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Op-Ed: The Critical Need for New Jersey's Water Supply Plan

With 14 counties under drought warning, the governor must release the Water Supply Plan — whether it's ready or not

Coffey and Dillingham
Jennifer Coffey and Tim Dillingham

With the beginning of the new calendar year, New Jersey has entered its third consecutive year of drought, with 14 counties remaining under an official drought-warning status. While winter rains and snow are helping drinking-water reservoirs refill, the drought warning remains. In six weeks, spring will bring blooming flowers, growing lawns, warmer temperatures, and increasing demands for water. Increasing demands for clean water during a time of drought in the most densely populated state in the nation is why, despite what one prominent scientist has recently written, we desperately need an updated Water Supply Plan for the Garden State.

Gov. Chris Christie’s failure to release an update to the State Water Supply Plan is threatening New Jersey’s supply of clean, fresh drinking water. On Earth Day 2015, in April, the New Jersey Senate Legislative Oversight Committee held a hearing at which experts testified on the need for an updated Water Supply Plan. Our current plan is 21 years old and 16 years overdue for an update. Committees in both houses of the New Jersey Legislature have passed resolutions directing the governor to release the draft plan immediately, yet amidst a drought warning, there is still no sign of the plan.

The Water Supply Plan works as an accounting checkbook for New Jersey’s water supplies. The goal is to ensure that we have enough clean water for residents, businesses, power production, farming, and the environment for this and future generations. The master plan includes recommendations for balancing the diverse demands on the water supply with the amount of water that replenishes the sources of that water — precipitation that feeds our shared streams, rivers, and underground water sources known as aquifers.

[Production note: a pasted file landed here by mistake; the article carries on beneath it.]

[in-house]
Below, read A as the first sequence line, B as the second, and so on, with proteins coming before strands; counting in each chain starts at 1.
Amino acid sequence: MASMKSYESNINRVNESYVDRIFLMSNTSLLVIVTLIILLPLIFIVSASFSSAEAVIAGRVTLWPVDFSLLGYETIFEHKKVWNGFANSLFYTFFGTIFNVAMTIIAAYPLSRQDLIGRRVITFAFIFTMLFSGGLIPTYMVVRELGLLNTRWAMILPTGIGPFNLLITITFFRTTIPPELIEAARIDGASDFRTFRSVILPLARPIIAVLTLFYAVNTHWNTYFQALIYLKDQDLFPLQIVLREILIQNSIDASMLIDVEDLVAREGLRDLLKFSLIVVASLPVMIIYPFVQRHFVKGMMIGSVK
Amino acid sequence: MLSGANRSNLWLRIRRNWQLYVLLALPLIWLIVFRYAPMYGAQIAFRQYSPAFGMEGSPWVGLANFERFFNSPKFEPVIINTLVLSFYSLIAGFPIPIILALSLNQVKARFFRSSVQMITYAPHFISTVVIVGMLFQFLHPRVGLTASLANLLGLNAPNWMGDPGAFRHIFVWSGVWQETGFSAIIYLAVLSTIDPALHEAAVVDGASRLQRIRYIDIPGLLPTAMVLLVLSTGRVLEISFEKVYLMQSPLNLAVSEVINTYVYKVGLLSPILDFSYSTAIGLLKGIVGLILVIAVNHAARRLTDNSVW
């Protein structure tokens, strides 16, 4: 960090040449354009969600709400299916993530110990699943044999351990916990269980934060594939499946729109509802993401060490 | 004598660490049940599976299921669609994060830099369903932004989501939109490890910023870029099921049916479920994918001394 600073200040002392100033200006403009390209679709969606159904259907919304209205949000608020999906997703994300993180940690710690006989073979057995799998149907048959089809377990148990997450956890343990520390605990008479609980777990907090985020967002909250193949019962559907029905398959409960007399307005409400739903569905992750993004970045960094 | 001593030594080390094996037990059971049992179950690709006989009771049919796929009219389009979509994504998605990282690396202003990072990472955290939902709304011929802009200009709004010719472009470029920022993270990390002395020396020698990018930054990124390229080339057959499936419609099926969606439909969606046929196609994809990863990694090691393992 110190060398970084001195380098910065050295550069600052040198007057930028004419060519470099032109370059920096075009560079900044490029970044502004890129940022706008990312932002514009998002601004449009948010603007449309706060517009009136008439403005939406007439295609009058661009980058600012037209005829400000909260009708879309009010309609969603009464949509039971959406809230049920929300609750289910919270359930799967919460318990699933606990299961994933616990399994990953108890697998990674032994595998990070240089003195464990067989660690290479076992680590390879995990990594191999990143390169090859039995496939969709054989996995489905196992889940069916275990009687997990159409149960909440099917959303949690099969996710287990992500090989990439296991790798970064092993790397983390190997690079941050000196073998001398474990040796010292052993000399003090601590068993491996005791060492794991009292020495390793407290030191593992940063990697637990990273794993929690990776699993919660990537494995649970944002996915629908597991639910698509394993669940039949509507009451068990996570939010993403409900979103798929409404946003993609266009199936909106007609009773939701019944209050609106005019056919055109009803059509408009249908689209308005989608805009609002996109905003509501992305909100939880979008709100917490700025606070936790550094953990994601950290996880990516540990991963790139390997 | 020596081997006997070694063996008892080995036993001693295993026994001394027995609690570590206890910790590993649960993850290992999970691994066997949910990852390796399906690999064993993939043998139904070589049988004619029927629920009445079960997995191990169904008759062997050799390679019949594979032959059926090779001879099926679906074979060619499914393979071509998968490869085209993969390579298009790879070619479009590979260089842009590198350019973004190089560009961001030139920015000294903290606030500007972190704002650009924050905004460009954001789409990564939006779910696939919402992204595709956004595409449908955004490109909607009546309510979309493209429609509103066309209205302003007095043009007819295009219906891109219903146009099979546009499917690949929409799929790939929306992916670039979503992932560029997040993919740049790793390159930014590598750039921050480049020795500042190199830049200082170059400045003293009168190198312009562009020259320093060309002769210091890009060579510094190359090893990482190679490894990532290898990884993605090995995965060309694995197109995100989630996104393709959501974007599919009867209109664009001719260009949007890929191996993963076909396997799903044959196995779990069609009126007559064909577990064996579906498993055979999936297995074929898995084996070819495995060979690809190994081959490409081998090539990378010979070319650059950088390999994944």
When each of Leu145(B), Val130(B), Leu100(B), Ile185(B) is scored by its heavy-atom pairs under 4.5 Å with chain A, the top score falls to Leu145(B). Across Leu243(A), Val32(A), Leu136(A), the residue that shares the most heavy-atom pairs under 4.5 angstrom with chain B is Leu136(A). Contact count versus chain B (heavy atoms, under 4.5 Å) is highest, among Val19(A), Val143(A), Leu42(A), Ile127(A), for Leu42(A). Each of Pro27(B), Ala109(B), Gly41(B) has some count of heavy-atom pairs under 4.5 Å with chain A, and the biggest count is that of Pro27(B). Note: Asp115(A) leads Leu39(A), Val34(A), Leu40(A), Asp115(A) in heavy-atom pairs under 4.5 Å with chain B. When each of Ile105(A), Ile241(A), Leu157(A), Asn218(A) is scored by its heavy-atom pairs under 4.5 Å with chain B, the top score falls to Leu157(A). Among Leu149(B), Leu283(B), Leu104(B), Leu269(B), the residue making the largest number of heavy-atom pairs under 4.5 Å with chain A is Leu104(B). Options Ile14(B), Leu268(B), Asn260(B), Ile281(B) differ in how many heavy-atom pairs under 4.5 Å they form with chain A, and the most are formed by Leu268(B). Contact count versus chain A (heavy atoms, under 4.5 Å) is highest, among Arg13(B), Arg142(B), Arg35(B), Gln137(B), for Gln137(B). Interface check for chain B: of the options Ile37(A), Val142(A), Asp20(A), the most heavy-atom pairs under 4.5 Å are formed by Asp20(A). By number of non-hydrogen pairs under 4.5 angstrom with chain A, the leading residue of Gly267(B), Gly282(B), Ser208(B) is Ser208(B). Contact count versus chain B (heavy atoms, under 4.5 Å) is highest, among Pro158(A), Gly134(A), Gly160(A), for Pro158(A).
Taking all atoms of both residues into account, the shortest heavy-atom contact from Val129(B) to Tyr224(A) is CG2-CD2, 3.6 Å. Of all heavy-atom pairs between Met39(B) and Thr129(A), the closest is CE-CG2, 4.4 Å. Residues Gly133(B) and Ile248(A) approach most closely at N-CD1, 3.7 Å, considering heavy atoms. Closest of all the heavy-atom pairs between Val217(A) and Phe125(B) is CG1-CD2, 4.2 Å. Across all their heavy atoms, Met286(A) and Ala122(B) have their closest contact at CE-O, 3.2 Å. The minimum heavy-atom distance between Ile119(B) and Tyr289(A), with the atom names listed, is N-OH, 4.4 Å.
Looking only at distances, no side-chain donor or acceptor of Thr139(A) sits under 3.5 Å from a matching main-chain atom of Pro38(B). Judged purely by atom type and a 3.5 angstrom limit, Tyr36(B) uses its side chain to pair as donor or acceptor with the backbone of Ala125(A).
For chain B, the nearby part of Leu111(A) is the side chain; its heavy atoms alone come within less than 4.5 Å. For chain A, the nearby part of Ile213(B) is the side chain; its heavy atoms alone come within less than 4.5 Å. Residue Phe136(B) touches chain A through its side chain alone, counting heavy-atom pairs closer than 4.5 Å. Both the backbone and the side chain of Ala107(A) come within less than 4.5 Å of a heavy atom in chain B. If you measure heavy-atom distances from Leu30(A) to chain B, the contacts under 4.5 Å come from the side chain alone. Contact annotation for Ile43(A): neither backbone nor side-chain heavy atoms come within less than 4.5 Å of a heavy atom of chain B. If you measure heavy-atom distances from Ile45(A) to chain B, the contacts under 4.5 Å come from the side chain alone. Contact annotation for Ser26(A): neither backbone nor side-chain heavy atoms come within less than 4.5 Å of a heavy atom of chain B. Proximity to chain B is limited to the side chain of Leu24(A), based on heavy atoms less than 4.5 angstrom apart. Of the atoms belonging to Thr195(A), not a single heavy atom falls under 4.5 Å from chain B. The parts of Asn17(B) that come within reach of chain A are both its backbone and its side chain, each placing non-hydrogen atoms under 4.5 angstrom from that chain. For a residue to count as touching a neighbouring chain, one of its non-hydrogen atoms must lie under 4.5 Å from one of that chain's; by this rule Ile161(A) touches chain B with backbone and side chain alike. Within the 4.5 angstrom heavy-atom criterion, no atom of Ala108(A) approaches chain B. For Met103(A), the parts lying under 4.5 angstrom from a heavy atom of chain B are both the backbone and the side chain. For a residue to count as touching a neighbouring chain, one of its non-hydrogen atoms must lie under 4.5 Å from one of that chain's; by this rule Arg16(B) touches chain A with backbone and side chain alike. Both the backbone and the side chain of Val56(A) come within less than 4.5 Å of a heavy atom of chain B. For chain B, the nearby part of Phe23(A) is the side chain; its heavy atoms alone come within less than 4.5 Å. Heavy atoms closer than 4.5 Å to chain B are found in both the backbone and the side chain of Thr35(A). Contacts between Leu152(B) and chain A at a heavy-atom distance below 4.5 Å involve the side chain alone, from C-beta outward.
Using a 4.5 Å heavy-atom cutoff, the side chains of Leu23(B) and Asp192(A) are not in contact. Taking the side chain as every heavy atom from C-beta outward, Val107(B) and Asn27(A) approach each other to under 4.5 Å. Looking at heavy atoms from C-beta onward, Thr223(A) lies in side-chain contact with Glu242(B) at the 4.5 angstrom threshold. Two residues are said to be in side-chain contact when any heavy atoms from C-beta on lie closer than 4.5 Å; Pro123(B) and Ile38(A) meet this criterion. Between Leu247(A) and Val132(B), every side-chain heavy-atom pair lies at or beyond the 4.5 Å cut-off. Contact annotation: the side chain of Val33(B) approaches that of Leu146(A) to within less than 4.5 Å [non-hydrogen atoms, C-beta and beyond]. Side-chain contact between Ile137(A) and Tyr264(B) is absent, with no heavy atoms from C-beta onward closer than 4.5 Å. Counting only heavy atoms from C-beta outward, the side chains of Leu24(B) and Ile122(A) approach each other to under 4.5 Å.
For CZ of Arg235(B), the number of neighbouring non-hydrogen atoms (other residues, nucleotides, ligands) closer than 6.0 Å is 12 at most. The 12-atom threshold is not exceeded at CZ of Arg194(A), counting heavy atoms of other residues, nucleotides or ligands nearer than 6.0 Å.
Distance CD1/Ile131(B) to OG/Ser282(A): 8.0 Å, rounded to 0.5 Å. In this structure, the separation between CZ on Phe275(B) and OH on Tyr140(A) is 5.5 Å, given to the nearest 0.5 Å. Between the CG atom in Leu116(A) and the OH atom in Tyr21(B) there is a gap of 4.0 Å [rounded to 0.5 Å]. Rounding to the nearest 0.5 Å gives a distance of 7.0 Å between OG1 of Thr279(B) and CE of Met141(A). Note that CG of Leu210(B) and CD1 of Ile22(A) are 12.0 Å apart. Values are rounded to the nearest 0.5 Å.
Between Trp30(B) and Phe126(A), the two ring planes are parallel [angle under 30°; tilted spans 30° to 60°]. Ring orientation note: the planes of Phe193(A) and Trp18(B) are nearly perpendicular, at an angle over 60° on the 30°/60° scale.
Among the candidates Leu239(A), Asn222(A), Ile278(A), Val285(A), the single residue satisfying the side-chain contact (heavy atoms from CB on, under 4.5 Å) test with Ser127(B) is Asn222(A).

New Jersey’s water woes are compounded by the fact that business and residents are also using more water than ever, according to estimates by the United States Geological Survey. Increases in New Jersey’s population over the past 10 years are one of the reasons for this increased use.

According to research by the Association of New Jersey Environmental Commissions (ANJEC), more water is being taken out than is being replenished in one of our major aquifers, the Kirkwood-Cohansey (KC) in South Jersey. The KC aquifer supplies drinking water to approximately 3 million of New Jersey’s 9 million residents. ANJEC’s estimates show that if all the permits for water use granted by the New Jersey DEP were used to their fullest extent, portions of the KC aquifer would violate safe levels of use by more than 1,000 percent.

The Highlands, in northern New Jersey, provides drinking water to 5.4 million people. Yet the Highlands Council has calculated that in 58 percent of the region, more water is withdrawn than is replenished, and that unless these deficits are addressed, the Highlands will not be able to supply nearly the volume that people, businesses, and manufacturers depend upon.